The world's richest couple had announced their impending divorce in a joint Twitter statement in January, causing some to worry that Jeff Bezos could wind up with less Amazon voting power or that he or MacKenzie would liquidate large positions.
“It takes the issue off the table, with less turbulence than you might have expected," said an investor, whose company owns several million dollars worth of Amazon shares but who asked for anonymity because of a firm policy.
MacKenzie Bezos will wind up with a stake in Amazon that is worth roughly $36 billion. Her shares represent a 4% stake in Amazon, according to a regulatory filing by the company. The Amazon shares will make her the world's third-richest woman while Jeff Bezos will remain the world's richest person, according to Forbes.
The couple, who tweeted separately on Thursday, disclosed that under their settlement MacKenzie will give up her interests in the Washington Post, which Jeff Bezos bought in 2013 and which has been a frequent target of criticism from US President Donald Trump, and the rocket company Blue Origin he founded in 2000.
"Grateful to have finished the process of dissolving my marriage with Jeff," MacKenzie Bezos said in her tweet outlining the agreement, the first and only post from an account created this month.
The two did not provide any further financial details about the settlement.
"Influence Would Be The Same"
Amazon, the world's biggest online retailer, said in the filing that 4% of its outstanding shares would be registered in MacKenzie Bezos' name after court approval of the divorce, which is expected to occur in about 90 days.
The petition for divorce was filed in Washington state, a person familiar with the matter said.
Jeff Bezos, whom Amazon listed in its most recent proxy statement as its single largest shareholder with a 16.3% stake, will keep sole voting authority over the shares unless MacKenzie donates them to a nonprofit or sells them in the open market.
Amazon shares closed down 0.1% at $1,818.86.
Jeff Bezos, 55, is seen as essential to Amazon's meteoric growth and stock price rise since he founded the company as an online bookseller in 1994. He has credited MacKenzie, 48, for her support when he uprooted the young couple to Seattle from New York to launch Amazon.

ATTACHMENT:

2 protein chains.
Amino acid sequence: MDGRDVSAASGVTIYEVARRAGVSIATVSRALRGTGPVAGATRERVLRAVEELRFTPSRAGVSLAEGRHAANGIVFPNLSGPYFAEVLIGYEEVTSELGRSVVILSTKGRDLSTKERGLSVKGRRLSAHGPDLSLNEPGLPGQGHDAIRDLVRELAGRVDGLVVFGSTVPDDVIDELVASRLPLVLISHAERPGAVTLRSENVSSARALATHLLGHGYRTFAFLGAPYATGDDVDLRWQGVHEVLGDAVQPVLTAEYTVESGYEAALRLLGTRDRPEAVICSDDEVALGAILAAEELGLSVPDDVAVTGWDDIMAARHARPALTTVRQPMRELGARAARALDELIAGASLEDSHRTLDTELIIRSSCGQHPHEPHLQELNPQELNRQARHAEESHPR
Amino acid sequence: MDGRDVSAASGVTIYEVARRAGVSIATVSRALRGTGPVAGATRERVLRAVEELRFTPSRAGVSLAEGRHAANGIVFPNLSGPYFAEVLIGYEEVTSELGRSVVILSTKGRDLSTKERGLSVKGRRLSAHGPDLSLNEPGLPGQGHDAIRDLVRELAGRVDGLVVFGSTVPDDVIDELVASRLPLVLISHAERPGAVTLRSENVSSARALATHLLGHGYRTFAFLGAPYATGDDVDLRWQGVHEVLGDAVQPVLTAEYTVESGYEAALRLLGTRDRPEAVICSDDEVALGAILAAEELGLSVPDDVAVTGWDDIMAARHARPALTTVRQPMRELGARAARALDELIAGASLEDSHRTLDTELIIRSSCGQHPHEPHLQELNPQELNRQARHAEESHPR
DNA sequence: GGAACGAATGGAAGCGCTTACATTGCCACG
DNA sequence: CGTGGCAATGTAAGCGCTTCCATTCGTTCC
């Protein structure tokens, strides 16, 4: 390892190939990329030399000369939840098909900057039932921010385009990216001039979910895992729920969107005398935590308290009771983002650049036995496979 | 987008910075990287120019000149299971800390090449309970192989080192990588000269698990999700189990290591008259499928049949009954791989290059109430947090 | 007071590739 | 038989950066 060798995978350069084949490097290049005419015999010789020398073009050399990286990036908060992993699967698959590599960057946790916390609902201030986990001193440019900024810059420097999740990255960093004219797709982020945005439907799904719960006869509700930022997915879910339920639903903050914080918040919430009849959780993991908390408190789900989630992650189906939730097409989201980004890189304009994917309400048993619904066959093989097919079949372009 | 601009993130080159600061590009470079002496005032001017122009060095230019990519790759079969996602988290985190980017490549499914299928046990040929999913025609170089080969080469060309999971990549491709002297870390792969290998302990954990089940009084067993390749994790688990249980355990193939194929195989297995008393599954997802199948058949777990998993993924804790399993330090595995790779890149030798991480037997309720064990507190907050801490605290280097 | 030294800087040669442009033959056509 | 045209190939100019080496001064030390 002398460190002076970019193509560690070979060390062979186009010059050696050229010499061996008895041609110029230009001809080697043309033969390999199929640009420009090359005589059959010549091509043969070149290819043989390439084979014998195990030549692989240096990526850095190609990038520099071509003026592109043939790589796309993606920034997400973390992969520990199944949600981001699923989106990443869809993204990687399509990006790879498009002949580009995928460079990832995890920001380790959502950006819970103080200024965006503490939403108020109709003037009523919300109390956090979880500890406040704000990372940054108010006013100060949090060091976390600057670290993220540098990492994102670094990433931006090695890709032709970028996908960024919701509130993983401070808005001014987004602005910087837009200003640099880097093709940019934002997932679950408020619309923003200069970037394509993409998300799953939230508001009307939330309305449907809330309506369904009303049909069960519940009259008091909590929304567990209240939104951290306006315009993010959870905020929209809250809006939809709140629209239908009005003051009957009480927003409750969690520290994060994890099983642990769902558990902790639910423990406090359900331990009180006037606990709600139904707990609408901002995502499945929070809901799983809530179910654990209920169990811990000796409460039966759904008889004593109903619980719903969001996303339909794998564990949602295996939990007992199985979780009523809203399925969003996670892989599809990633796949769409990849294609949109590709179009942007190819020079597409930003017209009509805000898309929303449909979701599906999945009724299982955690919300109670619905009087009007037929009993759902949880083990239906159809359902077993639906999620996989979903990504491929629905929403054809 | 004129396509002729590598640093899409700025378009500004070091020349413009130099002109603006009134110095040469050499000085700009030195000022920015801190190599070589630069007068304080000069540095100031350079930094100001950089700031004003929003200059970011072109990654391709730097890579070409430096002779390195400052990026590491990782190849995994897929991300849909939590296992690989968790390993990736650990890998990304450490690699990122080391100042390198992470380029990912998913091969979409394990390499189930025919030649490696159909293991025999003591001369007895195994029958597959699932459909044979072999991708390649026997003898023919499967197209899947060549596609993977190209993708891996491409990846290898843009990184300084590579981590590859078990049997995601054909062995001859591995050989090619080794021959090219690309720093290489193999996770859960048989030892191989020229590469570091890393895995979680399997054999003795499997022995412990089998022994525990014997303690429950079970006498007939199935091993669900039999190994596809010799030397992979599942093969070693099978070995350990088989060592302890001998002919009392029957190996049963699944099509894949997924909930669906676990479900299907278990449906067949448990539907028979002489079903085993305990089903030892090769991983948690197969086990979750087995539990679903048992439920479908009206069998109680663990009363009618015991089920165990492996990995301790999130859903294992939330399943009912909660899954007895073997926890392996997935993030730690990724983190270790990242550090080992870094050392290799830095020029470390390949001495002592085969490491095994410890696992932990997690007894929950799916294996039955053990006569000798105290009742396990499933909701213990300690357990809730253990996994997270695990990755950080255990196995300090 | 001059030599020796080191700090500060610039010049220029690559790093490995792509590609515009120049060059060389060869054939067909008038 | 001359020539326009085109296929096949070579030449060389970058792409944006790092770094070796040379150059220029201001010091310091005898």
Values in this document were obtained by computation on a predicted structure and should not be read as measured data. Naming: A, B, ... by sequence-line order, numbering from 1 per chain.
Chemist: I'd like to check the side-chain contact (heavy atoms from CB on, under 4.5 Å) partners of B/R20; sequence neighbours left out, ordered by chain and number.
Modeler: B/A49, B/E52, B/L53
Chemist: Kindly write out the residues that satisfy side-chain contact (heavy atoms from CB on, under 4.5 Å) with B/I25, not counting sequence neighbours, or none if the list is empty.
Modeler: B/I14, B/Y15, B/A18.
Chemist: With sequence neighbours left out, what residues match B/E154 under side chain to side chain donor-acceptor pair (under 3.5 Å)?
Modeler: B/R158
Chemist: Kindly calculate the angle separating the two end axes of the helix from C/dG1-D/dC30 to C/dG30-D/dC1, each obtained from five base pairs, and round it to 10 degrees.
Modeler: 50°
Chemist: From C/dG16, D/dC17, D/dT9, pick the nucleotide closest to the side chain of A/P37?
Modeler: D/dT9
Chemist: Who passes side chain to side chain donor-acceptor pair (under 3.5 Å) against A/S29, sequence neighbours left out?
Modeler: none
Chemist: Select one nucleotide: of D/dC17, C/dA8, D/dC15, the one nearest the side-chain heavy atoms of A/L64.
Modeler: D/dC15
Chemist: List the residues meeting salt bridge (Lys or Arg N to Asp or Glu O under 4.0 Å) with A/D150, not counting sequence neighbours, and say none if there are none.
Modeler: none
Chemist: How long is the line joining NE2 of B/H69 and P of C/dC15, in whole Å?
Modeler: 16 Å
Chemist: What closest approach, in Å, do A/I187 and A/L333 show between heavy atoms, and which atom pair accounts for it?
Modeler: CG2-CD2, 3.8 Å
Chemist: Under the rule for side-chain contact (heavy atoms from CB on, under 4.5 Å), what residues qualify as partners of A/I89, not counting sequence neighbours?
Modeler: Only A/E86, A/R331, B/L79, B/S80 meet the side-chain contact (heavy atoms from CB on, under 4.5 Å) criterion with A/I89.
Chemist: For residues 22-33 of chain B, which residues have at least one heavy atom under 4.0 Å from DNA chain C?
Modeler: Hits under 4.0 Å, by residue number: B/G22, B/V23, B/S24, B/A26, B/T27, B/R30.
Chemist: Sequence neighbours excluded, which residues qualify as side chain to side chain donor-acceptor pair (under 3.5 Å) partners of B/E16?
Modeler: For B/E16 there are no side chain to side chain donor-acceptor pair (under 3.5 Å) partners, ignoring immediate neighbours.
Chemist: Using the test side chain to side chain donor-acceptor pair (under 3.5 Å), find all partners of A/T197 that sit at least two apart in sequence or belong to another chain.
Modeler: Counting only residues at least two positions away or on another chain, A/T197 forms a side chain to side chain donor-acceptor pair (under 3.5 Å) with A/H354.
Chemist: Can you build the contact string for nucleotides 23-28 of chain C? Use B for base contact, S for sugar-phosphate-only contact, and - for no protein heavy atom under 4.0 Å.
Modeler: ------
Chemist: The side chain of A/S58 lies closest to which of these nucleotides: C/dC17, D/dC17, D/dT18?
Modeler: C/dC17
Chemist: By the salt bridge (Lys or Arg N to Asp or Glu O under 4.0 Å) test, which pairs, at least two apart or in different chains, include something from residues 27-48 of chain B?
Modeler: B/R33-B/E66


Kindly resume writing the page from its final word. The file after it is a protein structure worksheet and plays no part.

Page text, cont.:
"When I think about Amazon, and the influence Bezos has on Amazon, I would argue his influence would be the same if he had 51% shares outstanding or 1%. I think his influence is dictated by his vision for Amazon," D.A. Davidson analyst Tom Forte said.
MacKenzie Bezos' stake in Amazon is worth more than the market values of nearly 70% of the components of the S&P 500.
The settlement suggests that Amazon will be spared the kind of boardroom battle that has plagued other companies whose owners are dealing with family rifts, even though the divorce had jolted the once-private Bezos couple into the public spotlight.
Jeff Bezos re-tweeted MacKenzie's statement and added in a separate post that he was grateful "for her support and for her kindness in this process."
Liat Sadler, a San Francisco matrimonial lawyer, said the settlement should put investors at ease.
“They’ve done a lot of work behind the scenes to make their breakup as amicable as it seems," she said. Still, Sadler added, "Without knowing what cash she received, I have no idea how favorable it was to him or not."
The day the couple announced their separation on Twitter, the National Enquirer promised to reveal an affair by Jeff Bezos that it claimed had ended their marriage, contrary to the couple's statement that they were on a "long period of loving exploration and trial separation."
The US tabloid then published alleged photos and intimate text messages between Bezos and his new partner, former television news anchor Lauren Sanchez.